nativities and festivity

While I am a huge fan of Thanksgiving and staunchly oppose Christmas Creep, I am becoming more and more of a BIG GIANT CHRISTMAS CRAZY PERSON. A few years ago, I happened to be unemployed and childless at Christmas, so I went origami crazy and decorated our whole tree with handmade papercrafts. This year, I have toddlers, so when a kid-free day opened up during the week of Thanksgiving, I went ahead and put up the tree, BEFORE DECEMBER. Starting on December 1, our constant soundtrack has been my playlist of some 250 Christmas songs, much of which is hipsteriffic remakes of carols accompanied, I’m sure, by mustachioed dudes playing banjos, possibly while wearing vests, obtained free via Noisetrade. I’ve been working like an elf on homemade tree skirts, cinnamon ornaments, felt garlands, and lots of handmade presents.

Our tree, which was (gasp) up before Thanksgiving this year.

Our tree, which was (gasp) up before Thanksgiving this year.

I made this tree skirt, inspired by one I saw from The Land of Nod.

I made this tree skirt, inspired by one I saw from The Land of Nod.

But the surest sign that I’ve gone round the Christmas bend is the nativity.

Rachel Held Evans has a hilarious post today about the conundrum of a childless progressive couple trying to choose a nativity scene. Where to find a biblically accurate, fair trade, child safe nativity? It seems such a fraught decision. Pre-kids, the nativity I chose was a fair trade Peruvian one which features llamas. Perhaps not biblically accurate, but it makes me smile.

Post kids? Well… Enter the Little People. Here is our main nativity now:

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Yep. That’s a plastic, light-up, noise-making nativity, in the home of the lady whose rules for her kids’ toys include avoiding plastic and things that make noise. And I don’t care. I love the Little People Nativity. My kids can’t break it, they love to play with it, and when you press the Baby Jesus and he lights up (?!) and the whole thing plays Away in a Manger and Silent Night, well, my kids dance and sway and clap their hands and the entire thing becomes more than worth the $20 I spent on it in the Fisher Price Labor Day sale.

And can you spot my favorite part? Yep. The purple hippo. Strangely not included in the original set, my children decided the purple hippo from their bath toys really needed to be present at the birth of our Lord and Savior Jesus Christ. It kind of reminds me of the nativity scene lobsters from “Love Actually” and definitely reminds me of my sister, whose favorite Christmas song is “I Want a Hippopotamus for Christmas.” It makes me smile. How much has changed. How far I’ve come. But you know what, if they coulda, I’m sure the hippos would have followed a star all the way to Bethlehem too. They could have hung out with the lobsters.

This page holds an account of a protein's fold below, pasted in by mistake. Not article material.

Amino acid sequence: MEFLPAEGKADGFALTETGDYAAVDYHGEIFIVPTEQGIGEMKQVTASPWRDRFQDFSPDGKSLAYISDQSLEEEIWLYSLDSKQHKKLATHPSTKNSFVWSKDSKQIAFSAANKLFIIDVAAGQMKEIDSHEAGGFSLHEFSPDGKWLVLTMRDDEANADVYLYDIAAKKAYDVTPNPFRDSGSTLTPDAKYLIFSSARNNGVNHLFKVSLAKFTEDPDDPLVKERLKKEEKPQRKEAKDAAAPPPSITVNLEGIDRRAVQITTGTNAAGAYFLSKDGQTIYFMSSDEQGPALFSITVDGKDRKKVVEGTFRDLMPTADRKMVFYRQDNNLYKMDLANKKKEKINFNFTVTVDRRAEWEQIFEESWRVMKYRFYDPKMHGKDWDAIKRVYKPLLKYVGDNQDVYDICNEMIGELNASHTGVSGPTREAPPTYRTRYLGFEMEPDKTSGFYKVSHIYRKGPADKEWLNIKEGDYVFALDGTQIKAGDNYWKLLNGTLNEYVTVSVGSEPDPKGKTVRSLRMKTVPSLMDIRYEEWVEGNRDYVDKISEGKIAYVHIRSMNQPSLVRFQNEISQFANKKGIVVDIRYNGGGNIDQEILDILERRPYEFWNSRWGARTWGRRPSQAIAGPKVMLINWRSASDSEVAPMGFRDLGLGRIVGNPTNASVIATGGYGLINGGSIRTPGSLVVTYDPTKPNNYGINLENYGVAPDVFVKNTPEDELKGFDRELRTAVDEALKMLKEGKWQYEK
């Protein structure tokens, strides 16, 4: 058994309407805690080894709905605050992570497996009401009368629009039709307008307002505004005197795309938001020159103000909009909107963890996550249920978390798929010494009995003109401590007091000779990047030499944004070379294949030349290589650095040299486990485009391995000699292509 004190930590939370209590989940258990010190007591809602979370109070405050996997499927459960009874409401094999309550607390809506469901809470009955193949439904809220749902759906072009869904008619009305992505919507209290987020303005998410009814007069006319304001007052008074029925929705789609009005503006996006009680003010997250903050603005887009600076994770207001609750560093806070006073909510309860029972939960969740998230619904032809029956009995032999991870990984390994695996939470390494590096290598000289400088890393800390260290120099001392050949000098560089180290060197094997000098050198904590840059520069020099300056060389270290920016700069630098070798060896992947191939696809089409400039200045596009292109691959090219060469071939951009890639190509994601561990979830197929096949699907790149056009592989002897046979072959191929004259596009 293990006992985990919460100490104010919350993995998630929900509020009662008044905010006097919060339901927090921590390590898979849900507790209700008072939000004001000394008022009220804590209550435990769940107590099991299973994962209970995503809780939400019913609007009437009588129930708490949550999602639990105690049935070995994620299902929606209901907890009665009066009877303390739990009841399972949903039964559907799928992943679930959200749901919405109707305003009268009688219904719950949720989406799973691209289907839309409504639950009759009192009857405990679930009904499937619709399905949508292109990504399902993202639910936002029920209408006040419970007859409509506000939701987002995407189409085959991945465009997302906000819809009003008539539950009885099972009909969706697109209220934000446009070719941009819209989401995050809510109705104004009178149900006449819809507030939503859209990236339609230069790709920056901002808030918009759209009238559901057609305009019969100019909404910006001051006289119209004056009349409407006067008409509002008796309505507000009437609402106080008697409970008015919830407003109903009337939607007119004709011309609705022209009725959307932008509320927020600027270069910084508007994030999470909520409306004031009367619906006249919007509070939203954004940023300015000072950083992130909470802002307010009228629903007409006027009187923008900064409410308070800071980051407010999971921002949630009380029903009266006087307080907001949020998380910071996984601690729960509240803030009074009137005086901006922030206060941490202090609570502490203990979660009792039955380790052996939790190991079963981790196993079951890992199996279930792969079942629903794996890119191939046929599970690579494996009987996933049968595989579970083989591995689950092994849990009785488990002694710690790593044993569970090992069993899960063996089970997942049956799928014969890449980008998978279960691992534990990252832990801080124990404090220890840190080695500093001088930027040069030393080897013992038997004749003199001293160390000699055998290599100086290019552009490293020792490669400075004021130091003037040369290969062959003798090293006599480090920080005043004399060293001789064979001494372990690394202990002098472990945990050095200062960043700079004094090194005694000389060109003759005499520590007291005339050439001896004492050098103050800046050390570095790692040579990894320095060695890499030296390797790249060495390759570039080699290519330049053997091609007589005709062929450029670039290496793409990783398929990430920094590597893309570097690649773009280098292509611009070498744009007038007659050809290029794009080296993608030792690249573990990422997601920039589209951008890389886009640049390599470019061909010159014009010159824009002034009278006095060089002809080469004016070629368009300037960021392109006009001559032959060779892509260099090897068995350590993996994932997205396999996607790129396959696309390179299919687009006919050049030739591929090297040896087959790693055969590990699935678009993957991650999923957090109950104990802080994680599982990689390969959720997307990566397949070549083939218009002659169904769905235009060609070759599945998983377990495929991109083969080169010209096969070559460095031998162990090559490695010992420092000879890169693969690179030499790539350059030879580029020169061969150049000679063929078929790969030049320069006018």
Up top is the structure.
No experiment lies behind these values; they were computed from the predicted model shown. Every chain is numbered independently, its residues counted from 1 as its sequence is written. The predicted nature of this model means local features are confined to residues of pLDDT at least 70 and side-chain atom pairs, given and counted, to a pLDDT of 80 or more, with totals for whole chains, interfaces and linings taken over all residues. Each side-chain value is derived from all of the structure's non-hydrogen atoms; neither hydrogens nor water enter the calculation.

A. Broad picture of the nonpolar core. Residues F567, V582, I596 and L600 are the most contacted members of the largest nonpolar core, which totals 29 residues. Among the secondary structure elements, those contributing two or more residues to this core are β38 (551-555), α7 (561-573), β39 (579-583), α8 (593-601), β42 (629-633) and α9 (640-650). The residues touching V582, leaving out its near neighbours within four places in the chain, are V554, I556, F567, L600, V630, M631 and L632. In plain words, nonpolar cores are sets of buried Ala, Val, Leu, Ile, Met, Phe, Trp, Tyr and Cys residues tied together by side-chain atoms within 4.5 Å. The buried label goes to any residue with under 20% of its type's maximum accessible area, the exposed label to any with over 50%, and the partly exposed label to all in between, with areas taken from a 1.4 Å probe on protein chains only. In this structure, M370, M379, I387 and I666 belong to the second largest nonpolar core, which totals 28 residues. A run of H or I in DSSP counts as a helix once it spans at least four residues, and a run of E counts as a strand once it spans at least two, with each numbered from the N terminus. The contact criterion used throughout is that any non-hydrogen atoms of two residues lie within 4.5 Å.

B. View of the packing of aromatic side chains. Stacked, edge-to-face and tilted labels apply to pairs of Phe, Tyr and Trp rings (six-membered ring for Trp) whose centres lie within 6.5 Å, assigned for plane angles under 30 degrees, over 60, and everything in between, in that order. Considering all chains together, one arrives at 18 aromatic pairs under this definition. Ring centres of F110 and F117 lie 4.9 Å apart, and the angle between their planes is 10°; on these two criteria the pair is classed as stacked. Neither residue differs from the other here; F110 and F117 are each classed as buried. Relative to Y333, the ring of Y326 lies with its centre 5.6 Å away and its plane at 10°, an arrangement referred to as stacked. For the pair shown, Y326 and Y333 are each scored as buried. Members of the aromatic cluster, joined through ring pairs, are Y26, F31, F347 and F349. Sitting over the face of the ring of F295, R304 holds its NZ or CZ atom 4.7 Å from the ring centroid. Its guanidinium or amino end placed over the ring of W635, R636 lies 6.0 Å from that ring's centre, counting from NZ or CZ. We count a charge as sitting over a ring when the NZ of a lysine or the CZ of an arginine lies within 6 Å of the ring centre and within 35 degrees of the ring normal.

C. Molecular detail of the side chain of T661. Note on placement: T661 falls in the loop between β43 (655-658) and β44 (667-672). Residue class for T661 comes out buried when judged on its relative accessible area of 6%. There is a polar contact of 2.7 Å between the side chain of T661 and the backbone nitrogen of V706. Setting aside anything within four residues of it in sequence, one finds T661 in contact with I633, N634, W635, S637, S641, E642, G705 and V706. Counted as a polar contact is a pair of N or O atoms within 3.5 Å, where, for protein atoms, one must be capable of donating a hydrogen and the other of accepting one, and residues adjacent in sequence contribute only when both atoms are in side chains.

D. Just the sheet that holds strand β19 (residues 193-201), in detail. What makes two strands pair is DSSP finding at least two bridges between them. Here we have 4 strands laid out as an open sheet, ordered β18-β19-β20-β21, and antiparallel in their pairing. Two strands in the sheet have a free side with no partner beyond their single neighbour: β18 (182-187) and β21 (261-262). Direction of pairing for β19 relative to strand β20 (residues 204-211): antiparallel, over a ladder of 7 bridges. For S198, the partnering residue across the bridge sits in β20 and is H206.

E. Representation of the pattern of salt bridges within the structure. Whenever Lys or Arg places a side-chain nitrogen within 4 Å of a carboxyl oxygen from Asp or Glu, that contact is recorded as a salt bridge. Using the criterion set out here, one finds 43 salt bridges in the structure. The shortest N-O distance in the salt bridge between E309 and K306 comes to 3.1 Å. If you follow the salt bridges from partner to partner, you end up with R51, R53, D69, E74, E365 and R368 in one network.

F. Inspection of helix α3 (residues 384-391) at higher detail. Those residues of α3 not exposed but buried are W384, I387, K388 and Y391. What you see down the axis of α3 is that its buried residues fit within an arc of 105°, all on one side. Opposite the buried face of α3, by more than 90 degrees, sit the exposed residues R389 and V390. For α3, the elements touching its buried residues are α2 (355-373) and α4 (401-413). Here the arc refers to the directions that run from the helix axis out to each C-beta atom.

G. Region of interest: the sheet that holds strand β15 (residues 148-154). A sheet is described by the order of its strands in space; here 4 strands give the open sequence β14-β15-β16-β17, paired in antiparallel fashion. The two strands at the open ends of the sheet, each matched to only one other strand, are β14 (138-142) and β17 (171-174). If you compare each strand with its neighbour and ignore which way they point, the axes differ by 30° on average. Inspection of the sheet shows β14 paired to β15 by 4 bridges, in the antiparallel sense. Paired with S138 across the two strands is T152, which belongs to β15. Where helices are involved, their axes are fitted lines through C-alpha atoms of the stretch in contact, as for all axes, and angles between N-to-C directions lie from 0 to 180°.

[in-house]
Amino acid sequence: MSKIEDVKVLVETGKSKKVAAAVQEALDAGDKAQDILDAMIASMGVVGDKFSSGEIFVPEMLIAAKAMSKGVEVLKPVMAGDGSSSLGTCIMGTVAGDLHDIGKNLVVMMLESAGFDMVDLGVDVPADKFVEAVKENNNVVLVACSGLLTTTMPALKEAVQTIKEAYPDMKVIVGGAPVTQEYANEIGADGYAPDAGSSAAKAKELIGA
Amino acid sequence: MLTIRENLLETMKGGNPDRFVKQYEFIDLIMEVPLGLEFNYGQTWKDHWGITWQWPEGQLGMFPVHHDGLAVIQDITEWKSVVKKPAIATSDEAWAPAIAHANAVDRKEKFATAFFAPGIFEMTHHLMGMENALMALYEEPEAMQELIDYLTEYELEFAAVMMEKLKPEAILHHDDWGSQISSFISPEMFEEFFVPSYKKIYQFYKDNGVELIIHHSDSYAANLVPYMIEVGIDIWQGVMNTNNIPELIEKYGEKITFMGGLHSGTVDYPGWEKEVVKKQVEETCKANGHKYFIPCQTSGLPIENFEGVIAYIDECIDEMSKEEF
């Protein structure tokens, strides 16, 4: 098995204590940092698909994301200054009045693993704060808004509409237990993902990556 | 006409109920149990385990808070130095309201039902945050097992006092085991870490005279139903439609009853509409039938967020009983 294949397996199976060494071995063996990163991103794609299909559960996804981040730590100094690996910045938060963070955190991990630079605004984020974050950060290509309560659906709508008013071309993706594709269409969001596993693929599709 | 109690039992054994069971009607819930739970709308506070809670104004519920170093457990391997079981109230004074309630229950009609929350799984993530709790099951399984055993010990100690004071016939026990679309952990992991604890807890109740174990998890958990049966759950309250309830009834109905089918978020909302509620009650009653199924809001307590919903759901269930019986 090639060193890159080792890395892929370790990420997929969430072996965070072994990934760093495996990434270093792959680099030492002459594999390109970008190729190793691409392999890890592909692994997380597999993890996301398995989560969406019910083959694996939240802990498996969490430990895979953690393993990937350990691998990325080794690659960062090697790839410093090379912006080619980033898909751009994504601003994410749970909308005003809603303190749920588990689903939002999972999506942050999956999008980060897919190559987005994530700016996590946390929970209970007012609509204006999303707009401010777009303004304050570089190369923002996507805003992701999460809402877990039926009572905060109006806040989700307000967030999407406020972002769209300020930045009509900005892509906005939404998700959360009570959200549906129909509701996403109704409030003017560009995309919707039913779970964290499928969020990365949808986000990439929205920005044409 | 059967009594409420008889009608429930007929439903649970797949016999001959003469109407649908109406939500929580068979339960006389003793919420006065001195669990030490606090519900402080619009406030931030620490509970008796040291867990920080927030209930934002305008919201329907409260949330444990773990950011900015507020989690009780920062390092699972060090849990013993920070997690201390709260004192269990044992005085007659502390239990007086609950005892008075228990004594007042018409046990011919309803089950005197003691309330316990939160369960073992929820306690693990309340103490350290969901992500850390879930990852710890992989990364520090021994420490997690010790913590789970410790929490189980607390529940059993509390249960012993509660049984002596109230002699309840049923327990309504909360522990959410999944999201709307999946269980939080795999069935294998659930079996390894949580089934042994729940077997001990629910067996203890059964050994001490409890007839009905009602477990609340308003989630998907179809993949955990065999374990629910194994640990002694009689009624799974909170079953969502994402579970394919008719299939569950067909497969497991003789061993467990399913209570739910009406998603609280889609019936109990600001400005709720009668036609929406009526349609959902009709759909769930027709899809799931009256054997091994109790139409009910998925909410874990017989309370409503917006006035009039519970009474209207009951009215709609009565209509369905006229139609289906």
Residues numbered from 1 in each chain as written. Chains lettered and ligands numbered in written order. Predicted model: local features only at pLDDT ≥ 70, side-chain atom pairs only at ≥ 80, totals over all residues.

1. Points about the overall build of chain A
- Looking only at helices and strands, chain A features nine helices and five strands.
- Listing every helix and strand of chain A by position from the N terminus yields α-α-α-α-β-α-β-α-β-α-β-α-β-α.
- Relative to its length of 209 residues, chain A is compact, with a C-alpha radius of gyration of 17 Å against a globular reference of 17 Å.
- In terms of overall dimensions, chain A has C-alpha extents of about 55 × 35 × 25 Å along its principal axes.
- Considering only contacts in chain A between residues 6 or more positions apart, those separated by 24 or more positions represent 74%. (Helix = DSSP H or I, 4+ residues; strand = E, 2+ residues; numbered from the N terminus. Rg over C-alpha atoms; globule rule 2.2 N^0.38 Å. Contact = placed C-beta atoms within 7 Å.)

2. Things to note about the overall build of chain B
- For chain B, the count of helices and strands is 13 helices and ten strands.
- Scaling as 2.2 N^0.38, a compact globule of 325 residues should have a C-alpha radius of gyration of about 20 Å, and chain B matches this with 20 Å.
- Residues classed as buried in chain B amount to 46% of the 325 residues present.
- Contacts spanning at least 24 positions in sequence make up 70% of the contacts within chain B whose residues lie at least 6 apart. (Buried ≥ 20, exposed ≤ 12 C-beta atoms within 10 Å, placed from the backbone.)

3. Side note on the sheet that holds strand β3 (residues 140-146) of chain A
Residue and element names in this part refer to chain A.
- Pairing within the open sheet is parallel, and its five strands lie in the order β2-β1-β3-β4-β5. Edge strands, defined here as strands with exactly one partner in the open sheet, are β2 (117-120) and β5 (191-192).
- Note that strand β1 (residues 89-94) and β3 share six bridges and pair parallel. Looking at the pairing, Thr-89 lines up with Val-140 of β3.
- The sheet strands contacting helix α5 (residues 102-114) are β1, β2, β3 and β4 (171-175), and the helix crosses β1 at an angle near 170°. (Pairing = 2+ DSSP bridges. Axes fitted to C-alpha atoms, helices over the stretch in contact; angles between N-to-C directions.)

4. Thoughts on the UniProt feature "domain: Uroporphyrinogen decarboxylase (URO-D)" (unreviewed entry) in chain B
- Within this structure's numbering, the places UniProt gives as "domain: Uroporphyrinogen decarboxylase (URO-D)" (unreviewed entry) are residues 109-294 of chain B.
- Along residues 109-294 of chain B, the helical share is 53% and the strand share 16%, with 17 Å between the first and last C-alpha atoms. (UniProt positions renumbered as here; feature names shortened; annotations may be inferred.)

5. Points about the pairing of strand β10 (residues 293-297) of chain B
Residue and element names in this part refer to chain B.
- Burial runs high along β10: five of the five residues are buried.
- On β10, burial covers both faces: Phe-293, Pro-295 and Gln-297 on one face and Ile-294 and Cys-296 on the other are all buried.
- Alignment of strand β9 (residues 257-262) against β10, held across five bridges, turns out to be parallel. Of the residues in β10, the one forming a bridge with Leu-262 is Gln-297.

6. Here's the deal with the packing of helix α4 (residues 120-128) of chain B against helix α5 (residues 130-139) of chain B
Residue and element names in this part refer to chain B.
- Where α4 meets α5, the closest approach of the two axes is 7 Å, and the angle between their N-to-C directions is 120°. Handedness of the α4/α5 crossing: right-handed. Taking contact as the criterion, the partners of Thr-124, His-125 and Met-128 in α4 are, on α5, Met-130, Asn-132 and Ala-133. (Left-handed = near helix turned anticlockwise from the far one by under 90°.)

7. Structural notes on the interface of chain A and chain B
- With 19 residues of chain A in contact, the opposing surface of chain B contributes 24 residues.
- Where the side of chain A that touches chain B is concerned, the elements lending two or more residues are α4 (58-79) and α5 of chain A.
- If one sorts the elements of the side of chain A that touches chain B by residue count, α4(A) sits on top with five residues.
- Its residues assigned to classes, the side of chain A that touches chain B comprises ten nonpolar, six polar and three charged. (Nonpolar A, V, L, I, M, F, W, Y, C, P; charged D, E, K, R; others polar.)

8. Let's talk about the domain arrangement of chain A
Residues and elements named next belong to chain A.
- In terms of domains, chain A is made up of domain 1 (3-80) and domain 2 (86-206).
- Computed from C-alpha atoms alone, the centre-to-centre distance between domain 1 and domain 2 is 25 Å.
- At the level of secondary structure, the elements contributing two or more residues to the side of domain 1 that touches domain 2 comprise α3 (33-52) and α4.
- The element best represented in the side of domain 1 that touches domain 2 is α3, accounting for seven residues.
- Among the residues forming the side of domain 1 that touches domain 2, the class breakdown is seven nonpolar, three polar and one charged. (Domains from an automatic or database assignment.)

Hours of fun with the plastic, noise-making, non-historically-accurate but much-beloved Little People Nativity.

Hours of fun with the plastic, noise-making, non-historically-accurate but much-beloved Little People Nativity.

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7 thoughts on “nativities and festivity

  1. My SIL brought us back a fairly traded Peruvian nativity complete with llamas from one of her trips to Peru!

    We now have one my aunt made for us with clay. A loves it and always wants to show us the moo and baabaa in it. Maybe making one with the bufflogals should be a project for you one Christmas!

  2. We don’t have a nativity – we have ‘The Jesus People’. It’s a Home Interiors nativity remarkably similar to Precious Moments that my husband and I have had practically since we got married 32 years ago. Our youngest, a daughter (now 9), has always called them the Jesus People and it has stuck! Two angels we got at Goodwill have joined our Jesus People this year.

  3. An Aunt Gigi approved nativity set! Man I am going to miss my babies this Christmas, but I have wrapped their presents with love & I hope they get great joy finding them under the Christmas tree even after the festivities are passed.
    xx

  4. Pingback: Live Festive Nativity | She

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